Writer of “On Killing a Tree” Tells All to Goa Streets

Gieve Patel: Depicting human failings

by Karan Bhagat

Gieve Patel during an art exhibition

 

Writer of “On Killing a Tree” Tells All to Goa Streets

The artist and writer Gieve Patel, who visited Goa recently, told Karan Bhagat about the sources of his creative inspiration, how he gets work done and why he loves living in Bombay.

 

Known to legions of Indian schoolchildren from his Higher Secondary syllabus poem ‘On Killing a Tree’, Gieve Patel’s life bears more than just a passing resemblance with that of Chekov. Like the Russian playwright, he too was a doctor by profession. His writing (and painting) was done alongside ‘the day job’. Both their works are full of acutely observed, but warmly depicted, studies of human failings. ‘Inscrutable’ is a word that could be used to describe either of them. And each displays a strong connection with the land of his ancestry.

Patel was born in Bombay (in 1940), but his father came from Nargol, a Parsi village on the coast of Gujarat. His grandparents (who were large landowners) lived there and the young Patel would often visit them. This region, and the Parsi community in general, feature heavily in his writing.

As an artist, Patel’s themes are eclectic. He often produces ‘series’ of works on selected subjects. Some of these include battered heads, skulls, wells, and clouds. It is hard to see where these motifs come from, but the human body, suffering and nature could be identified as broad categories of interest.

His fondness for writing (poetry as well as plays) and painting began when Patel was still in school. Though he went on to train (and practice) as a doctor, with a strong emphasis on serving the poor, the writing and painting were self-taught.

He recalls being inspired by an exhibition of the artist Akbar Padamsee on display at the Jehangir Art Gallery in Bombay, in his late teens. “It was a revelation”, he says. “To feel ‘Oh Gosh! A painting can do this [to one]?’ Then I met him [Padamsee] and he was very generous; first as a teacher and later as a friend,” he recalls.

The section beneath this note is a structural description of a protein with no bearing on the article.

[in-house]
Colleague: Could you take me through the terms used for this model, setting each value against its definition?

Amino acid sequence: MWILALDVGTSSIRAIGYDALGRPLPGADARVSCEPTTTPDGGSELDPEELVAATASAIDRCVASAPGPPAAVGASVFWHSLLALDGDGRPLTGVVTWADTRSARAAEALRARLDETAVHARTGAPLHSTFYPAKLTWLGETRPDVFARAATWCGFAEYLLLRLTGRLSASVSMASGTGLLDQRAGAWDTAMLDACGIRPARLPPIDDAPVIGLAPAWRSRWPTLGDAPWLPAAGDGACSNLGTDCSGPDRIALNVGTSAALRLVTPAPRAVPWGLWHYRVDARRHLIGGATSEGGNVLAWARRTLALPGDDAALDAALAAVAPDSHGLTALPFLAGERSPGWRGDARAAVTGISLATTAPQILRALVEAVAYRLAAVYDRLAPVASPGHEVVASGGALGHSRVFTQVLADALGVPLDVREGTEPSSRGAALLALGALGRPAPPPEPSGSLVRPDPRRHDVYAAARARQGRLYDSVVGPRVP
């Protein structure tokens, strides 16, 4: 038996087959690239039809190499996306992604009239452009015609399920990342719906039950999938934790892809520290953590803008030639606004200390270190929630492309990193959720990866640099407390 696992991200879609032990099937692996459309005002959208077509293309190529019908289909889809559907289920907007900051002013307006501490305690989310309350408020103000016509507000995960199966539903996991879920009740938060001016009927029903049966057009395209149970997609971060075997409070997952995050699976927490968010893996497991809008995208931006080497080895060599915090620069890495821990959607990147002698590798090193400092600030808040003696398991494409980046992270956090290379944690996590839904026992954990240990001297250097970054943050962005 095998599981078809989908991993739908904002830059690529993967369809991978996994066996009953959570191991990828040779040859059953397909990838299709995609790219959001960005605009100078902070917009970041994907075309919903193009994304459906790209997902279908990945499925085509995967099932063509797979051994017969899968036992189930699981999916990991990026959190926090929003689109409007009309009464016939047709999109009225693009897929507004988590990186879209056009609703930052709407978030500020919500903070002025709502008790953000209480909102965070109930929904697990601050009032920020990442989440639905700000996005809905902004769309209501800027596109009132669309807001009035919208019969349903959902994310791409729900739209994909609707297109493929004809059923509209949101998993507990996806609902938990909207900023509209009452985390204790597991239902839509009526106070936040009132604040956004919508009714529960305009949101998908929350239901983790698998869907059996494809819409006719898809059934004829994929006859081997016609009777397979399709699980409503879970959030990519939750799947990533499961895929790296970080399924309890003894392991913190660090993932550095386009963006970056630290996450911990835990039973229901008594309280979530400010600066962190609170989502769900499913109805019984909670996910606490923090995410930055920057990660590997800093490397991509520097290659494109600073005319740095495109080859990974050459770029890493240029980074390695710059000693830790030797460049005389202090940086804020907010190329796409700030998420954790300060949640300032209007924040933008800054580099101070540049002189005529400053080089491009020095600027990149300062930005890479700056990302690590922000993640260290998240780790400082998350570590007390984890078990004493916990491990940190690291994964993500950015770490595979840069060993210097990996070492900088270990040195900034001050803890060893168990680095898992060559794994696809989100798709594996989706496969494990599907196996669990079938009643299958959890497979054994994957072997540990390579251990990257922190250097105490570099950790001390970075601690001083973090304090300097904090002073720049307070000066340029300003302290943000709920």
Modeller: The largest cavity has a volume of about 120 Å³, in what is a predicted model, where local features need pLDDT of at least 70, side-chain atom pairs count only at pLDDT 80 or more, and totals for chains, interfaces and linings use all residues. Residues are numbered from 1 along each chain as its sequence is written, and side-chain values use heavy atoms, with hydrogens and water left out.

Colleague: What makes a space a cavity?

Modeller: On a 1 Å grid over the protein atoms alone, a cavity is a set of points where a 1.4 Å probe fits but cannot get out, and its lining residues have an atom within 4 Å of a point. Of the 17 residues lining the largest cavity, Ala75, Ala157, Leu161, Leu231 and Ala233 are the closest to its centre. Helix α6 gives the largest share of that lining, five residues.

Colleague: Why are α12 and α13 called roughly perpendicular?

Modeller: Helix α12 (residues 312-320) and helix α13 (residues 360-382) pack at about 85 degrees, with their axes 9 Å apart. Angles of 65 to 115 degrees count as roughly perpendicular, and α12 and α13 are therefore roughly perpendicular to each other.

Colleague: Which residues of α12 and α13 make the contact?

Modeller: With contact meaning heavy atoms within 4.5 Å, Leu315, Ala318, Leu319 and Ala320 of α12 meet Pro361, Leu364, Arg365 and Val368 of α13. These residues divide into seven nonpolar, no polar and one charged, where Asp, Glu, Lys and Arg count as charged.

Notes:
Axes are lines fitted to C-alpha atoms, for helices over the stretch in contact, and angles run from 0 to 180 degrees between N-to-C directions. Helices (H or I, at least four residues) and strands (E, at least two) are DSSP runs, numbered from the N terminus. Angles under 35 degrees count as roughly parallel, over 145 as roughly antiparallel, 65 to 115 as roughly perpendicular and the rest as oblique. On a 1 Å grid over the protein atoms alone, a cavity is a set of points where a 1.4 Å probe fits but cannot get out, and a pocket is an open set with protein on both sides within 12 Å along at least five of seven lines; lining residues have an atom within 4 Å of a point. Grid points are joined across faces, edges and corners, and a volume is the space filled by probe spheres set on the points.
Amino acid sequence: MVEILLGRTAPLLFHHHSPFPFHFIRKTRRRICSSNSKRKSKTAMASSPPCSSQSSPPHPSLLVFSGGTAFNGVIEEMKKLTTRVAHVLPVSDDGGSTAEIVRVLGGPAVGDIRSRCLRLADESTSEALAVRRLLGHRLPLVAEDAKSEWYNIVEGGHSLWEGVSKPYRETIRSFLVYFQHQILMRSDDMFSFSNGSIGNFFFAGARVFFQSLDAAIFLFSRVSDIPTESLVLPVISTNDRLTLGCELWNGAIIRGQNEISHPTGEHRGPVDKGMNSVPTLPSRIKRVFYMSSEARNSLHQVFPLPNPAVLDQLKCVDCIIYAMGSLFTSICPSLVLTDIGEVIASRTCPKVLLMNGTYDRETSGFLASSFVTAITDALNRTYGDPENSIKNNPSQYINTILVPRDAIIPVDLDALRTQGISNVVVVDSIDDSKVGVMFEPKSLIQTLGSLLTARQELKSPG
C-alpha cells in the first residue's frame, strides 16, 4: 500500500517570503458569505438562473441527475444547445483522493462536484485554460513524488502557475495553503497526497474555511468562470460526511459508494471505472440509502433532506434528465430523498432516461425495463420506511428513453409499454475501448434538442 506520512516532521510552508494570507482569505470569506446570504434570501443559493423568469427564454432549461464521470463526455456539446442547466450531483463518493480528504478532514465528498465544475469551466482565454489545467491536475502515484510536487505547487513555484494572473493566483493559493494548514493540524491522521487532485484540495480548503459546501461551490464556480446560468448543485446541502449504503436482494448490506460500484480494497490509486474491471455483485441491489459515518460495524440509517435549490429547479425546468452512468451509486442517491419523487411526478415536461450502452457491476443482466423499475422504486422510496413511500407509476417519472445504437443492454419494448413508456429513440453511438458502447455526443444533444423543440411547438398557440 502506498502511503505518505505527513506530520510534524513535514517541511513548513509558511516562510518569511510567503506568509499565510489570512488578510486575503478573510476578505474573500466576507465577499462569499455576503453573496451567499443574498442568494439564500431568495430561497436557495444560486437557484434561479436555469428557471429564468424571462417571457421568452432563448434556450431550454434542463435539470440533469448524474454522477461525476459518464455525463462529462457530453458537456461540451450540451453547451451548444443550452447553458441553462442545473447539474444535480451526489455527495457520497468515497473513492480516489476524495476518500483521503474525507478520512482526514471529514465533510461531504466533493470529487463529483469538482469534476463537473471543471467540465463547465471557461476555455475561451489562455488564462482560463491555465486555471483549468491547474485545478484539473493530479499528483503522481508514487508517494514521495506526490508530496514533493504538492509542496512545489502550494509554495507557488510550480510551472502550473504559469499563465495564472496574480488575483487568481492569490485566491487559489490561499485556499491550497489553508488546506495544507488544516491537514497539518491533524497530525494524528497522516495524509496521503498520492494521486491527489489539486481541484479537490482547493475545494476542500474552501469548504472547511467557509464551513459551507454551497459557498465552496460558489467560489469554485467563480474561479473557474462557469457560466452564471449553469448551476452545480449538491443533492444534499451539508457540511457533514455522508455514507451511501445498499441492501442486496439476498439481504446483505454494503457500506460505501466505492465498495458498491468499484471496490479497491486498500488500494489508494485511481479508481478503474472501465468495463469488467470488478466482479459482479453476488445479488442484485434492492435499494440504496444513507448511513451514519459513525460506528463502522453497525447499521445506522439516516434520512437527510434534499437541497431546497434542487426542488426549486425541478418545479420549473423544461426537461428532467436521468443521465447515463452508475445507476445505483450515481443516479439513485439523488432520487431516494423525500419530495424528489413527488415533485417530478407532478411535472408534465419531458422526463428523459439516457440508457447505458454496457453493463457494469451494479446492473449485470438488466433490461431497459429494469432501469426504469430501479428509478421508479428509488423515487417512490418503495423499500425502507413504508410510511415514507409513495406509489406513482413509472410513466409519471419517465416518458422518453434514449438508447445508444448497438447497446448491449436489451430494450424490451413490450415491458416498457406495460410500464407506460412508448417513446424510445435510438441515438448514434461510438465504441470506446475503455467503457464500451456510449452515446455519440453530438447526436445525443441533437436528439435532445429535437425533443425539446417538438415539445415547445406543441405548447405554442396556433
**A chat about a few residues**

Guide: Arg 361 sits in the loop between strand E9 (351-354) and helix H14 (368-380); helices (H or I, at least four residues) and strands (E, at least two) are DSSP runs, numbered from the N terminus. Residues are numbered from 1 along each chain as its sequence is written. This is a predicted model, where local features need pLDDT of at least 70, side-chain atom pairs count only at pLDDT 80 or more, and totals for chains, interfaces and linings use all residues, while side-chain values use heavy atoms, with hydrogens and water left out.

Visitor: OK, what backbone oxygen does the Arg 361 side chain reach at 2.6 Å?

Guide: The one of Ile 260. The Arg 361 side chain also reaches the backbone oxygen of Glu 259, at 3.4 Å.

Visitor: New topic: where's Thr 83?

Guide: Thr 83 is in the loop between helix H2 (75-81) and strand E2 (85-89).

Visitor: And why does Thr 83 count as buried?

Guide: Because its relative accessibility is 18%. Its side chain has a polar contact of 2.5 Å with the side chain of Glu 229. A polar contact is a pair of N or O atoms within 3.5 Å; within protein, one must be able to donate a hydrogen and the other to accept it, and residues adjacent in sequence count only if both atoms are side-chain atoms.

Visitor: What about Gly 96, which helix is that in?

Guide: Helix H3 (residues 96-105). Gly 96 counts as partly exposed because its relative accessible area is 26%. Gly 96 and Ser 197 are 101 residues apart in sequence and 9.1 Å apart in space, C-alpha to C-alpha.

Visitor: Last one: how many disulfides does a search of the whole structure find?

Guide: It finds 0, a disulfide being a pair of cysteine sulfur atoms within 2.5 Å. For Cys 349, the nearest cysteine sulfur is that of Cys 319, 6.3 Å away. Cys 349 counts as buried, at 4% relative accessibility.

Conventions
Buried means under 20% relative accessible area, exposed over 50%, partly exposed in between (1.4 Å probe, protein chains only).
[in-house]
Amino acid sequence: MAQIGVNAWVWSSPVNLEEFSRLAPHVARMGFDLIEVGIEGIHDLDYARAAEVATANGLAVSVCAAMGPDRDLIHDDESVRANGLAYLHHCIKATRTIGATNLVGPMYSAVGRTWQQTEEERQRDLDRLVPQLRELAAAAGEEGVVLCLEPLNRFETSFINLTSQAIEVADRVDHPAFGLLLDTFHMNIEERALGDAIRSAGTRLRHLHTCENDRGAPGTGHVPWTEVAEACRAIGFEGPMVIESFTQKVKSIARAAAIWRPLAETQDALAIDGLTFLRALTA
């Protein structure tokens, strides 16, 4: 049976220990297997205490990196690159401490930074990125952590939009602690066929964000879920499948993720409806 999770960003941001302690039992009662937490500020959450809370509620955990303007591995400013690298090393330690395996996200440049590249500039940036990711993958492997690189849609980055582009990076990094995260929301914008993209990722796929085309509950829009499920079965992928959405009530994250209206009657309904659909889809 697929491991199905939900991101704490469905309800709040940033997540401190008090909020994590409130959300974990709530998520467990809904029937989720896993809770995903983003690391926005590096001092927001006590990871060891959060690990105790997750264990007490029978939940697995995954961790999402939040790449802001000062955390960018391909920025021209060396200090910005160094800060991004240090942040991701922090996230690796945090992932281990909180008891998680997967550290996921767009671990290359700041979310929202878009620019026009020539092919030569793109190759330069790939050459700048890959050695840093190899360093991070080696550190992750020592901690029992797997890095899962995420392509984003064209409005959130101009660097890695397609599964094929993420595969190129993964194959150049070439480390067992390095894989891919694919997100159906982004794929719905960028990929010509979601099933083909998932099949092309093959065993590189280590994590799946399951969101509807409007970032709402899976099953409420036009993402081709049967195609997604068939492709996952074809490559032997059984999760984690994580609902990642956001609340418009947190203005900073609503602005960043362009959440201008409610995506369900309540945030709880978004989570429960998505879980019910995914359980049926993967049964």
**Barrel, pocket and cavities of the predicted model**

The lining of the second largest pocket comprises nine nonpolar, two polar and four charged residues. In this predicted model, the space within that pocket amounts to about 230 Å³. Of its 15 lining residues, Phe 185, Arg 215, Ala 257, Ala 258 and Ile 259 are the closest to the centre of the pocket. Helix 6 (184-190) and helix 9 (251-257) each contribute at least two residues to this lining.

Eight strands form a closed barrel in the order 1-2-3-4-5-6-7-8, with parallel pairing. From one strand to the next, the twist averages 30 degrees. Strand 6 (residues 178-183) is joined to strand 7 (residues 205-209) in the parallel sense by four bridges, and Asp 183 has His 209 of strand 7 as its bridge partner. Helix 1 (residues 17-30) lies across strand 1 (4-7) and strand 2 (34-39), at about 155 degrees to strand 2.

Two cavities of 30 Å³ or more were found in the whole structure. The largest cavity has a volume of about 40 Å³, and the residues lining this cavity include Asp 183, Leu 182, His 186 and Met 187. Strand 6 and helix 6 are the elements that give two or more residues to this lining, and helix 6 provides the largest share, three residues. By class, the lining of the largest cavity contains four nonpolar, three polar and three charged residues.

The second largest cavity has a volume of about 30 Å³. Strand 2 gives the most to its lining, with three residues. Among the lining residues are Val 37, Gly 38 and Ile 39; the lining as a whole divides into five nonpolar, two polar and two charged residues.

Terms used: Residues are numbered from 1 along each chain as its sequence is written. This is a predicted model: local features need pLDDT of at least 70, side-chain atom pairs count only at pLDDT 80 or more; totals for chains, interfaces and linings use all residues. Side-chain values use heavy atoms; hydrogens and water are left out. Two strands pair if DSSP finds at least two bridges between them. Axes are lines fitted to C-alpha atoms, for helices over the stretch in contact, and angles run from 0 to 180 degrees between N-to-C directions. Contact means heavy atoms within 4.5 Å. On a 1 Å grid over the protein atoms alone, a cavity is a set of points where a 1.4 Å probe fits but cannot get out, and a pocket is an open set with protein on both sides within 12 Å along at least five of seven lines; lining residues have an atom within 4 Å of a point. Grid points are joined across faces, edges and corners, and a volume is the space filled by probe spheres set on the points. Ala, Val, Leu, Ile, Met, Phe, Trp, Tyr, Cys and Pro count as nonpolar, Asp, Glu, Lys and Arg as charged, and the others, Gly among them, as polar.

Over the years, Patel has admired the work of many others. Tyeb Mehta, Bhupen Khakhar, Ghulam Mohammed Sheikh, Atul Dodiya (who presented Patel with a “beautiful” fiberglass skull, that served as a model for some of his paintings) Anju Dodiya and Jitish Kallat are among the names he mentions.

His literary favorites are equally eclectic, and include Shakespeare (especially the sonnets), selected pieces by Wordsworth, Gerard Manley Hopkins and Robert Frost. He also admires the work of Nissim Ezekiel, a friend and fellow Bombayite, who “again, was very generous with critical comments.”

I ask Patel what routine he follows to get work done. He outlines in some detail a period in his working day that he considers to be very important. Paraphrasing, this could be called the stage of ‘getting into the right frame of mind’.

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“For me, the very important thing after I get into my studio is – how to shed everyday life?” he says. “How to get rid of the burden of unpaid bills that are beginning to lower over me threateningly? How to get my mind off the leak in the bathroom and whether or not the cook will come in the next day? It’s very important. I think another [different] temperament might be able to take these things in his stride. Someone like Bhupen Khakhar might even, while he is painting, enjoy talking about these things. But I think, for me … it would trivialize the moment. I want to get rid of them [these thoughts].

The way I do it is that I listen to Western Classical music for half an hour or 45 minutes – quietly, doing nothing in particular … just walking around the studio, looking at the unfinished works, and listening partly to the music. And then very often what happens is – during those 45 minutes I come to various decisions on what I have to do with the paintings that day … and most often these decisions are fruitful.”

Does he make a ‘conscious’ decision to resolve problems at that time, or does it just ‘happen’? Chuckling, he answers: “Of course I know those 45 minutes are vital [to resolving problems], but one has to ‘pretend’ that’s not the case; that I’m merely enjoying the music. And I don’t look too hard at the paintings. I don’t tell myself: ‘My Gosh, I’m listening to Bach … and what am I going to do on this work?’ There has to be a little bit of ‘letting things flow by themselves’.”

A regular visitor to Goa, Patel has lived in Bombay for most of his life (he always refers to the city as ‘Bombay’, never ‘Mumbai’). How does he reconcile a need for artistic solitude with living in one of the busiest cities in the world? “I like Bombay because it gives me lots of ‘elbow room’ to do many things… and sometimes to do nothing at all,” he says. “It’s a wonderful city, you know. People leave you alone if you want to be left alone. And if you want to meet them, they are happy to meet you.” On the strength of that reply one shouldn’t rate the chances of luring Mr. Patel to these shores anytime soon.

 

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